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Seismic attenuation monitoring of a critically stressed San Andreas fault

November 20, 2020

We show that seismic attenuation ( ) along the San Andreas fault (SAF) at Parkfield correlates with the occurrence of moderate‐to‐large earthquakes at local and regional distances. Earthquake‐related  anomalies are likely caused by changes in permeability from dilatant static stress changes, damage by strong shaking from local sources, and pore unclogging/clogging from mobilization of colloids by dynamic strains. We find that, prior to the 2004 M6 Parkfield earthquake, prefailure conditions for some local events of moderate magnitude correspond to positive anomalies of  on the Pacific side, with local and regional earthquakes producing sharp attenuation reversals. After the 2004 Parkfield earthquake, we see higher  anomalies along the SAF, but low sensitivity to local and regional earthquakes, probably because the mainshock significantly altered the permeability state of the rocks adjacent to the SAF, and its sensitivity to earthquake‐induced stress perturbations.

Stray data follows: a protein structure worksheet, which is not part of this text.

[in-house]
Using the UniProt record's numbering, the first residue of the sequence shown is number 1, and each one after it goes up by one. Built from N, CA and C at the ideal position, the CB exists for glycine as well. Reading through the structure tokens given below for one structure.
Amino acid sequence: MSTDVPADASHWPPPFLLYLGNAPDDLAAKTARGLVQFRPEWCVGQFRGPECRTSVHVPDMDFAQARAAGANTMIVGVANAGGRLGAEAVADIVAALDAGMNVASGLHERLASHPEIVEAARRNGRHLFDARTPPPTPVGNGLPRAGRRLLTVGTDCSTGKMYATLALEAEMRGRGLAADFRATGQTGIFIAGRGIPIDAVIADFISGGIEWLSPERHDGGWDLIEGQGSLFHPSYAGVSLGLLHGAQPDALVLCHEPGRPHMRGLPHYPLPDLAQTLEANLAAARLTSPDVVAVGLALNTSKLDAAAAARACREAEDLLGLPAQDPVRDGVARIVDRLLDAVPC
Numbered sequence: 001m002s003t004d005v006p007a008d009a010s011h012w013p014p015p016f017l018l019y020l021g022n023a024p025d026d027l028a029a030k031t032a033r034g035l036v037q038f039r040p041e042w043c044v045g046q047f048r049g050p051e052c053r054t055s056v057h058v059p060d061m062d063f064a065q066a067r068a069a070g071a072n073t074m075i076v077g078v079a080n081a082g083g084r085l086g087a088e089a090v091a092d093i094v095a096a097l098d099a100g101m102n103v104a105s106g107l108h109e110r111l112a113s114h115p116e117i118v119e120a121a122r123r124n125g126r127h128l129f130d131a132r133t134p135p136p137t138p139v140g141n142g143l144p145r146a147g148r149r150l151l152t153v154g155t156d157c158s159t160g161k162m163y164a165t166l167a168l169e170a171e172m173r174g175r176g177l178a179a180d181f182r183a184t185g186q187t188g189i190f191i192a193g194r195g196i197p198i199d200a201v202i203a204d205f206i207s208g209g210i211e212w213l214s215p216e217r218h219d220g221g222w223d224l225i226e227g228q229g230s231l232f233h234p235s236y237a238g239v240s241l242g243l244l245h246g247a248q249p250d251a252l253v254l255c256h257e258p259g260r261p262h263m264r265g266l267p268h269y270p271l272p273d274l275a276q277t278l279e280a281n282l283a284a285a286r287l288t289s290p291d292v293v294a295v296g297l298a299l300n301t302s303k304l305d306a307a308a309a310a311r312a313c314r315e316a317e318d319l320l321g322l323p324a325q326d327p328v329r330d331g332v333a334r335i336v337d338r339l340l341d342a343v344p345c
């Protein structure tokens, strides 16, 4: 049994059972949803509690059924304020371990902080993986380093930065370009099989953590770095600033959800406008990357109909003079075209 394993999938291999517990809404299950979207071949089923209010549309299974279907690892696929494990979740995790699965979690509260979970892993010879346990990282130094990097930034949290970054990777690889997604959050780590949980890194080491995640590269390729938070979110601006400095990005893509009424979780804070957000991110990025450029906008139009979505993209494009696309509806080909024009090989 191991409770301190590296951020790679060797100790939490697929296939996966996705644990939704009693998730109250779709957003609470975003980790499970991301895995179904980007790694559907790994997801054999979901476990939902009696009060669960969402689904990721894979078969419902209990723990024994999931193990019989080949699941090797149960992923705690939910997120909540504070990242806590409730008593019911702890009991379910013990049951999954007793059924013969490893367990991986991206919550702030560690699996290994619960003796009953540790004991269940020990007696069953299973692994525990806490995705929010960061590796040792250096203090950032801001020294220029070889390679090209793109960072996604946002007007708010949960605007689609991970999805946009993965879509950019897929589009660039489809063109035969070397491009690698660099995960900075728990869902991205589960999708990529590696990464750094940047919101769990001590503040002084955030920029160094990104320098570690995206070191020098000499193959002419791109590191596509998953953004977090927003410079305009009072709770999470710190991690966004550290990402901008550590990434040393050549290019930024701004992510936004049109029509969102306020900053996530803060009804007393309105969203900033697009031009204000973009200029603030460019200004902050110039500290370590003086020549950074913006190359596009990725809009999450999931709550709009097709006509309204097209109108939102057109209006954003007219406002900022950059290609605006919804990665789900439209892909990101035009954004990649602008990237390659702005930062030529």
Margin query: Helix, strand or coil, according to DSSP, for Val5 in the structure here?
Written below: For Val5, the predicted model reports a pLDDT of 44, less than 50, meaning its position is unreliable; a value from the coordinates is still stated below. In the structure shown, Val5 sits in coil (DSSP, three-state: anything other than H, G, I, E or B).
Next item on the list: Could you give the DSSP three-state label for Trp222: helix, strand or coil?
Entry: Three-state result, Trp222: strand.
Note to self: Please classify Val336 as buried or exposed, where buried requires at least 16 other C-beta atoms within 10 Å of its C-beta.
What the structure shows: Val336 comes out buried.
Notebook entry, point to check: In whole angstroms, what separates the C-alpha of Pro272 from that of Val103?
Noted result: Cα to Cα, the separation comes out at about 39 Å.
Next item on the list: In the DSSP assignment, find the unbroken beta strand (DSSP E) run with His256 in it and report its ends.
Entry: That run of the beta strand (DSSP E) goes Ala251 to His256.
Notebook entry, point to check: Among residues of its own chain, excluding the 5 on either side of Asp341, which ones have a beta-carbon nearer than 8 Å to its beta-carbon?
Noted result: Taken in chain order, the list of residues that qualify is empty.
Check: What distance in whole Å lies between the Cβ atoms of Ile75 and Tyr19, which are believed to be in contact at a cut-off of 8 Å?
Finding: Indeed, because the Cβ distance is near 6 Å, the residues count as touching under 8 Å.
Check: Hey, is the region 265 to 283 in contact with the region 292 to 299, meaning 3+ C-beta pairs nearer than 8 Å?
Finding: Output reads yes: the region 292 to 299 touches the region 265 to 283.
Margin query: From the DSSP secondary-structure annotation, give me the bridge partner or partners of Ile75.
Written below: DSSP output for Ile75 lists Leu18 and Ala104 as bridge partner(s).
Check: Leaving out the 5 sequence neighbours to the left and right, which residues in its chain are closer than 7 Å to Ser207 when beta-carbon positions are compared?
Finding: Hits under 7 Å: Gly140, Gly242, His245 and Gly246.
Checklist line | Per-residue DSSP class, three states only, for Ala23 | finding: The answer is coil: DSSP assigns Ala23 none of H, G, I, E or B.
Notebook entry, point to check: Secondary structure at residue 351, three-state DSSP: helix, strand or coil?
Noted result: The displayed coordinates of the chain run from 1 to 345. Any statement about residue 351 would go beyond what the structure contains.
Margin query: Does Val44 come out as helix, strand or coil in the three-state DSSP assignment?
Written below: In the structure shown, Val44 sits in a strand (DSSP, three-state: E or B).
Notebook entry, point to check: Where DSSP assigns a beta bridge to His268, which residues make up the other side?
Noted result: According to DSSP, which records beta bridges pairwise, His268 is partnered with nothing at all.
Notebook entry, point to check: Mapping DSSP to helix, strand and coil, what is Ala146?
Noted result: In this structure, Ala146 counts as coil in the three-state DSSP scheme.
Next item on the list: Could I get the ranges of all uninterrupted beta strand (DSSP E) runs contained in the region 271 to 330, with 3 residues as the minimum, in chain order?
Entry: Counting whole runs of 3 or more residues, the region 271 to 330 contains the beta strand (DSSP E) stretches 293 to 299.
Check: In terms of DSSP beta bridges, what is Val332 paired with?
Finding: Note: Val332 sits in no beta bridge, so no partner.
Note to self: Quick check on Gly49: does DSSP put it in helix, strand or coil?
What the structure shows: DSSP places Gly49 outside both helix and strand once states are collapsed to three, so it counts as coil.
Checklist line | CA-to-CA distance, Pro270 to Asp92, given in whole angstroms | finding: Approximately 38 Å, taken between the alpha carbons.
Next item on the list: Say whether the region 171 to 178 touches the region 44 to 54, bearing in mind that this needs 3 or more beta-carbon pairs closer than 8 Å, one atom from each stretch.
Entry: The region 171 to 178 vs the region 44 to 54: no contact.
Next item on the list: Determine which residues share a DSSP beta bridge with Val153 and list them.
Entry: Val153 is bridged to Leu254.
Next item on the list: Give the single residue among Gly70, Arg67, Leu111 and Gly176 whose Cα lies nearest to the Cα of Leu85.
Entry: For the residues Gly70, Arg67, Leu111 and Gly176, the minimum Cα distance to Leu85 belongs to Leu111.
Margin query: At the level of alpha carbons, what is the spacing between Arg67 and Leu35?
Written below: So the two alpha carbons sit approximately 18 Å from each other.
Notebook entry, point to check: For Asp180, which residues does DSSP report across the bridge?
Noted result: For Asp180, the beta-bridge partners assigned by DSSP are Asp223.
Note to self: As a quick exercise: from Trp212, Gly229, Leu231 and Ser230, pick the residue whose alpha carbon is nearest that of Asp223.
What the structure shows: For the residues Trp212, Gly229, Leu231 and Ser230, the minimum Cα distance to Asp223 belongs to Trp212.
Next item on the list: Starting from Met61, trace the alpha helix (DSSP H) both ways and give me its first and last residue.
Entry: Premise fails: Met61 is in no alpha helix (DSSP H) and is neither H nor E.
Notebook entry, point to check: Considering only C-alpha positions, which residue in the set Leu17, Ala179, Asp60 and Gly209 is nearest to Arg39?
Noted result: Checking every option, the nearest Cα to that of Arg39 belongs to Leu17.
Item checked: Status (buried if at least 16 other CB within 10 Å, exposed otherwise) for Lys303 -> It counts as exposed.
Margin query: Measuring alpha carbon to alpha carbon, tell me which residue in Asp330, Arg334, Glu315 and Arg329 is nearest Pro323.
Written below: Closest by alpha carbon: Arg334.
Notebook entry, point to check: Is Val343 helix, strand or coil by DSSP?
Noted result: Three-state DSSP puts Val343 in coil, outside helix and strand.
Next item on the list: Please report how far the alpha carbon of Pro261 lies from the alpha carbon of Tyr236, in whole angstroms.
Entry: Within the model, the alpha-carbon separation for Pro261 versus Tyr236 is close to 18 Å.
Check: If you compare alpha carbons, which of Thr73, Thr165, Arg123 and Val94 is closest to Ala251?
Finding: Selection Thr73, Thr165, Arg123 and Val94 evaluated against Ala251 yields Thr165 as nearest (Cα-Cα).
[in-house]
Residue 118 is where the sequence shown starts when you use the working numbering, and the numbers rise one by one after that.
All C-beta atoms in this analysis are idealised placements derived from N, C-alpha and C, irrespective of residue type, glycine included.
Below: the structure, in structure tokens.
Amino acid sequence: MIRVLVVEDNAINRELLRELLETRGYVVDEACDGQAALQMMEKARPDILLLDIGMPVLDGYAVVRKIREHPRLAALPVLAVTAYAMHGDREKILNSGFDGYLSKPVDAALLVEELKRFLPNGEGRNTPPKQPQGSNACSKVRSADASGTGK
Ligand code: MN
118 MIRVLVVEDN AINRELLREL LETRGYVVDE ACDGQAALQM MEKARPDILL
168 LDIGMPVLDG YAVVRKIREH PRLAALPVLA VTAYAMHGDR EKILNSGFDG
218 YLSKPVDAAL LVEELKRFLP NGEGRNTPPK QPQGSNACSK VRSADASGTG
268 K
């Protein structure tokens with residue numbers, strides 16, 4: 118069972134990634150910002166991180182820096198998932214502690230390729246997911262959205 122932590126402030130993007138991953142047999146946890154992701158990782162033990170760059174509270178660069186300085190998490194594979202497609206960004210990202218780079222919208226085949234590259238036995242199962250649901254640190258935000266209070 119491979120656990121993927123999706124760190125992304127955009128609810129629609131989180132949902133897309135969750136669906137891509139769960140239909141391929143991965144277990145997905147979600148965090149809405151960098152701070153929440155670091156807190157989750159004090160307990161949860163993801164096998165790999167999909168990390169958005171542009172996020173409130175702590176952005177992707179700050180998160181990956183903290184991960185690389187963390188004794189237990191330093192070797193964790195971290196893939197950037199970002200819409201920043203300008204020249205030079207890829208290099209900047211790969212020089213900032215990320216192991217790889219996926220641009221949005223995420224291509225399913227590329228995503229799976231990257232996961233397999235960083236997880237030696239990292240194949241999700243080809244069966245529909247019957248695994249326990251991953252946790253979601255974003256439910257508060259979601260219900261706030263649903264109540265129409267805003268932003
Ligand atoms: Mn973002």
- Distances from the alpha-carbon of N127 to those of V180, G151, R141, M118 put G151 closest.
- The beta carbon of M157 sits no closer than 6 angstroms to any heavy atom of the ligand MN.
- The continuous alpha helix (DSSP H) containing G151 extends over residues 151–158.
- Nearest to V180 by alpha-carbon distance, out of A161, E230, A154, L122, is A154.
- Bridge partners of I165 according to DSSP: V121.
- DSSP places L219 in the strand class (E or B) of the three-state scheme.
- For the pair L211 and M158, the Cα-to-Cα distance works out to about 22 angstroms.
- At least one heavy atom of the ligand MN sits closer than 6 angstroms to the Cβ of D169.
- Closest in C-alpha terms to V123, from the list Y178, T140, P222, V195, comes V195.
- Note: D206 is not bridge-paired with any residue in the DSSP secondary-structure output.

Publication Year 2020
Title Seismic attenuation monitoring of a critically stressed San Andreas fault
DOI 10.1029/2020GL089201
Authors Luca Malagnini, Thomas E. Parsons
Publication Type Article
Publication Subtype Journal Article
Series Title Geophysical Research Letters
Index ID 70216684
Record Source USGS Publications Warehouse
USGS Organization Pacific Coastal and Marine Science Center